While attempts to kick-start the Irish economy again are both abundant and sustained – as indeed they must be – it is important that any attempts at re-igniting economic growth do not compromise our environmental health. Increasing our knowledge of the natural resources available to us will not only allow us to safeguard their future, but will also enable us to harness them in a useful yet sustainable way.
From research on sustainable seaweed harvesting to the use of renewable energy sources, efforts to increase environmental conscientiousness are steadily on the rise. Dublin City Council has committed to a long-term programme to improve its sustainability performance and plans to implement a series of widespread measures that will transform the capital into a ‘diverse, smart, green-based economy’ over the next 25–30 years.
According to the city council’s Sustainability Report 2012, reducing carbon emissions, setting up pollution and weather sensors, and optimising the use of finite resources (e.g. water) are among the proposed initiatives. While environmental protection is one of the strategy’s priorities, so too is the promotion of the capital as a premier tourist destination – thus allowing the move towards sustainability to help feed the economic recovery.
It is an ethos that can be applied to many similar projects throughout the country; and it is also apparent in the scores of excellent postgraduate options that are available to students, many of which are available from UCD. Choices here include the MSc in Environmental Science (one year full time, two years part time). The course equips students with the necessary skills and knowledge for a career in environmental assessment and in the development of management, conservation strategies, and policy formulation. Training is given through extensive fieldwork, lab work, data analysis and information sourcing.
Another option at UCD is the GradDip in Rural Environmental Conservation and Management, which is a part-time programme of 18 months’ duration. This is a conversion course aimed at those interested in the conservation and sustainable management of our natural resources. Students will be gain an appreciation of farm management practices and the ecological status of rural ecosystems.
Anyone with a passion for preserving our flora and fauna but worried about finding the time to commit to a classroom-based postgraduate course will be interested in IT Sligo’s PGDip/MSc in Environmental Protection, which is facilitated through distance learning. This two-year programme covers a broad spectrum of topics, including ecology, geology, biology, water and waste management, and sustainability. Graduates are qualified to work in a wide range of industries, such as environmental management, enforcement, waste management, wastewater treatment, air pollution control, and research and development.
Due to the fact that fossil fuels are both finite and costly, finding new means of supplying energy also represents a significant component of most sustainability projects. Dundalk IT’s MSc in Renewable Energy Systems offers tuition on wind, solar, water and bio-energy systems. The programme is delivered through a combination of taught modules and individual research (at the end of which students are required to submit a thesis). Candidates should have a second-class honours degree in Laboratory Science or in an Engineering discipline. Alternate energy-related courses – such as in Renewable Energy, Energy Management and Sustainable Energy – are available at postgraduate level from a host of colleges, including NUI Maynooth, Sligo IT, DIT and UCC.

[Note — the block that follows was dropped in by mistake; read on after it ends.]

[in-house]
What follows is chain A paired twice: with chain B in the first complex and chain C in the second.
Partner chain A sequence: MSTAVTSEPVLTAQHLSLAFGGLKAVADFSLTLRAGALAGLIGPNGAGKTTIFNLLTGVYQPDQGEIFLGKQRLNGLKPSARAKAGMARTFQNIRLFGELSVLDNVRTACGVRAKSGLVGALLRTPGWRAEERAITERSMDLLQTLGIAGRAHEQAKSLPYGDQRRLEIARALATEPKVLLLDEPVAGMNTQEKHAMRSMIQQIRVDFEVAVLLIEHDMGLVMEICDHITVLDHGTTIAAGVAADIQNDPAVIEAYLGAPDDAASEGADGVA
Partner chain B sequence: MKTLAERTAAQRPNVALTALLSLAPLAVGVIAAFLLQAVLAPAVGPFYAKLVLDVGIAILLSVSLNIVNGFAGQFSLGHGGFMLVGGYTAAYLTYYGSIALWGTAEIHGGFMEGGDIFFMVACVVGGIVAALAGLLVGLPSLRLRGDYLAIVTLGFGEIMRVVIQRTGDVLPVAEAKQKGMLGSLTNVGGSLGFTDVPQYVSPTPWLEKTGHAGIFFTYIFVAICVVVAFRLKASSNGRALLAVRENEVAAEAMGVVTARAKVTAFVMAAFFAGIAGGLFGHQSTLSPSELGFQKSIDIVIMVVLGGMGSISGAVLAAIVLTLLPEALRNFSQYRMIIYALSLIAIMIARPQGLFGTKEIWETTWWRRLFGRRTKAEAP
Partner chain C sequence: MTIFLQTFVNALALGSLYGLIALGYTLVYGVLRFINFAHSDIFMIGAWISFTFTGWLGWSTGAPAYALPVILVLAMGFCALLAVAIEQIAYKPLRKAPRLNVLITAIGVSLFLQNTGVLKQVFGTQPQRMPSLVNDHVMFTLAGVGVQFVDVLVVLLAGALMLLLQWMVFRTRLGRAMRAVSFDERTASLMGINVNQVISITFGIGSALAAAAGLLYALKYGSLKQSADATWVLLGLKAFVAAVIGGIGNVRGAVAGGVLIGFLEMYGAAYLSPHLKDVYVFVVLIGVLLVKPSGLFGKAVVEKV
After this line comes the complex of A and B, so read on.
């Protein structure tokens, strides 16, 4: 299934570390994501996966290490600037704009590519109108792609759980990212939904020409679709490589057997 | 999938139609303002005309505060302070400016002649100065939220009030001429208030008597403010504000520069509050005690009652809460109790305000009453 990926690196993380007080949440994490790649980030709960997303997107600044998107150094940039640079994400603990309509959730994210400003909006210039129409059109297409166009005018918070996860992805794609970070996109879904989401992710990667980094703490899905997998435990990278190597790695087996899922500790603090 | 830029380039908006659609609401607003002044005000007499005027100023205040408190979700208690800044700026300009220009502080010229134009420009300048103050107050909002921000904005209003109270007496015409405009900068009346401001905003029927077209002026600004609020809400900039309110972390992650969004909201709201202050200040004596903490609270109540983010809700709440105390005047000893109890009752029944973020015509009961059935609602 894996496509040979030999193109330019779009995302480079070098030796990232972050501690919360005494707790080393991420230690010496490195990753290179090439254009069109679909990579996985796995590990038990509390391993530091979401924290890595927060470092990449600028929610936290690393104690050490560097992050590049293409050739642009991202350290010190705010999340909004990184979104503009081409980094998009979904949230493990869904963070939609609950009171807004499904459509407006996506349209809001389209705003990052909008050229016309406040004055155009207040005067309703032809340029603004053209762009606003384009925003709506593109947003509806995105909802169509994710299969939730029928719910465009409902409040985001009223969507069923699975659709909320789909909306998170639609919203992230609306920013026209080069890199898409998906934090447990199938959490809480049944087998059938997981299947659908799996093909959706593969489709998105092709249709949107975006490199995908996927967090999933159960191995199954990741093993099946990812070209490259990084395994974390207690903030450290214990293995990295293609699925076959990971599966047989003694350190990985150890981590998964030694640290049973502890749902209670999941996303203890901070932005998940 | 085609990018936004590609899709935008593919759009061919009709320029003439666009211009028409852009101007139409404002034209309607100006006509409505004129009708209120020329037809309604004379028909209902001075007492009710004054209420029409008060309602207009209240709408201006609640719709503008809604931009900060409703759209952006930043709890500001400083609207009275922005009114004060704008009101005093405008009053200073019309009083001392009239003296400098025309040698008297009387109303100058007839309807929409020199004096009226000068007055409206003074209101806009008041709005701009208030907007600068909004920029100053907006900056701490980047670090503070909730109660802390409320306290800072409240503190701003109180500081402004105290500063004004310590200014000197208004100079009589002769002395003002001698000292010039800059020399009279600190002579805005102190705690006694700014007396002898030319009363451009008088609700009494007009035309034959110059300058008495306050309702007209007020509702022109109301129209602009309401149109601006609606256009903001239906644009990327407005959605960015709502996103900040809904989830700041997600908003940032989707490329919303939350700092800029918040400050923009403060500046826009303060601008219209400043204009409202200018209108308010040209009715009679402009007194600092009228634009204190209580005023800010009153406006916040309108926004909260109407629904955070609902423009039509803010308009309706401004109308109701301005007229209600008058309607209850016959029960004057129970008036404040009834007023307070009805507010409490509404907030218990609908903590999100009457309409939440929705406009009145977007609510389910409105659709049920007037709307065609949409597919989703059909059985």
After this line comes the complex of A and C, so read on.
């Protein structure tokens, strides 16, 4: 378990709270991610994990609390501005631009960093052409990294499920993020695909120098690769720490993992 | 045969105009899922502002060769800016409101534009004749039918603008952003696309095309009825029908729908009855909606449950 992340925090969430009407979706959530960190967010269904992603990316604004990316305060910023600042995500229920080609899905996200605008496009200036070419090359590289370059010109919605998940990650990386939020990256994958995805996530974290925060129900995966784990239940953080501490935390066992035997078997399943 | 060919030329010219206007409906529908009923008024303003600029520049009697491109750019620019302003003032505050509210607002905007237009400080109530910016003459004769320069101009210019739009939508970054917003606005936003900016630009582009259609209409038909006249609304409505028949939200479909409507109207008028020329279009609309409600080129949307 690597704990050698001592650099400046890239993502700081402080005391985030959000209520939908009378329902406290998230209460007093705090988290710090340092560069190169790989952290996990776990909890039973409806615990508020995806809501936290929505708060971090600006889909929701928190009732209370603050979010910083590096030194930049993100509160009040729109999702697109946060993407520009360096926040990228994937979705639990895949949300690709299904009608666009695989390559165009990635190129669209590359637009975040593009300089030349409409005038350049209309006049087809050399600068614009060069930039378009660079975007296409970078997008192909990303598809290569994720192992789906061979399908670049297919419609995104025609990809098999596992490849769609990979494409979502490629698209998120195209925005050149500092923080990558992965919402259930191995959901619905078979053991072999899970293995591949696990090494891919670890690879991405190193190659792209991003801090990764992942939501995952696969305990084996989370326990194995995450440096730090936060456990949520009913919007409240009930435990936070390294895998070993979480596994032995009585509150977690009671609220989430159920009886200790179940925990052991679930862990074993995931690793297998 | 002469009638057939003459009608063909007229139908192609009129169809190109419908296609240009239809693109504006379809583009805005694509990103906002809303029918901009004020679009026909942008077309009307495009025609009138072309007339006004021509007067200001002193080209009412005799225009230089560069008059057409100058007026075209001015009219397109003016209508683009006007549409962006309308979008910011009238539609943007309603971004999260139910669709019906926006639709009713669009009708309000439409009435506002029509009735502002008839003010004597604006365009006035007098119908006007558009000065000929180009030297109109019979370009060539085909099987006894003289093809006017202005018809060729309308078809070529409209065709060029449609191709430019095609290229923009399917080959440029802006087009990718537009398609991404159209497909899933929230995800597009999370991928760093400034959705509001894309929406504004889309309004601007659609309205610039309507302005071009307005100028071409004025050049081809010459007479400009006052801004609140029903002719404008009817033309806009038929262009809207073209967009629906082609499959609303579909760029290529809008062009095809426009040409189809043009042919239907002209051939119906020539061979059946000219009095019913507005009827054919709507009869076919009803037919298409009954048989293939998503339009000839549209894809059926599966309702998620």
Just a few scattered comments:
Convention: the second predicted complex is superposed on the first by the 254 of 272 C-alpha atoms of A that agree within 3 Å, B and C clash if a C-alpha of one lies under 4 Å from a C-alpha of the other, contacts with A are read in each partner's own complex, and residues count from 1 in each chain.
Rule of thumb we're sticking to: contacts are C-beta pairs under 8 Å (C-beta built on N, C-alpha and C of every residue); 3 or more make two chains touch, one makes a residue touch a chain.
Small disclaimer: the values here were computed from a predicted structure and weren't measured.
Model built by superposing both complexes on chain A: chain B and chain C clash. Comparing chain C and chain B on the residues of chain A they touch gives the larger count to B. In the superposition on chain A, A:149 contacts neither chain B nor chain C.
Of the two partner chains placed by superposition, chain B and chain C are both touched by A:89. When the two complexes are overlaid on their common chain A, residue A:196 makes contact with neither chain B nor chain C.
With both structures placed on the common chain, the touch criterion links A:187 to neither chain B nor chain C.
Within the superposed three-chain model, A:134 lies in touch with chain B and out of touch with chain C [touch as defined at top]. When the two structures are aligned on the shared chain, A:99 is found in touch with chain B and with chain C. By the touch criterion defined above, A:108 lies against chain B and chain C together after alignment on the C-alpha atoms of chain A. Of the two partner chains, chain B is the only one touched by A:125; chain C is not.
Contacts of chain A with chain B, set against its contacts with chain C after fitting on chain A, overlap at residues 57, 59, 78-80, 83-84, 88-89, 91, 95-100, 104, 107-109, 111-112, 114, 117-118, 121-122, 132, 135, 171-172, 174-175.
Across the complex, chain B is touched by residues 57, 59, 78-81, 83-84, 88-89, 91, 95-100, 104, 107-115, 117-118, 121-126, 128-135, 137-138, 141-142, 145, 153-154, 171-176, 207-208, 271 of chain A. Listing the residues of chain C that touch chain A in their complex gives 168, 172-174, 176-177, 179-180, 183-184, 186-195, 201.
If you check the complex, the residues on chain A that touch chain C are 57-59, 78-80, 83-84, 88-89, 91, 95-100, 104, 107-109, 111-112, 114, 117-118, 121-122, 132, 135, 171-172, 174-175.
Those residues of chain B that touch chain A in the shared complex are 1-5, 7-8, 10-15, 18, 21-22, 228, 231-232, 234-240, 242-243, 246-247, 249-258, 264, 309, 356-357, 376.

While a similar field of study to environmental science, ecology allows researchers to further explore the interactions beween the populations inhabiting an ecological system, thus helping them to explain the influencing evolutionary factors of a species. Though the course options in Ecology are relatively few, they tend to be both diverse yet thorough in their approaches.
The MSc in Ecological Assessment at UCC (one year full time), for instance, equips students with the key practical skills in the ecological assessment of terrestrial and freshwater habitats and ecosystems, thus enabling them to meet a growing demand for personnel skilled in methods of ecological assessment. Among the core modules are Habitat Classification and Survey, Plant Identification and Strategic Environmental Assessment. The programme is also designed so that it can be taken by those who are already in employment. Candidates are required to hold at least a 2.2 degree in an area of Biological Sciences or a related field.
A more holistic approach is taken towards the subject at All Hallows College, which offers a two-year MA in Ecology and Religion (part-time). While the course does comprise scientific aspects (for example, the identification and dissection of flora and fauna samples), it also places ecological issues within a theoretical, inter-disciplinary framework that is designed to explore how religious philosophies and traditions can make vital connections between the health of the planet and the well-being of its sentient inhabitants. Assessment is based in the successful completion of eight modules (out of the eleven on offer) and the submission of a dissertation. As with other courses, applicants should possess a 2.2 honours degree in a cognate subject area. Those who meet this criterion will be invited to attend an interview.
Though the ‘Green Revolution’ of the 1960s and 70s may have come and passed, it has been replaced by a kind of green evolution, as the area continues to play a vital role in the health of our economy and our environment, and persists in the equally important function of showing us the ways in which the two are connected.
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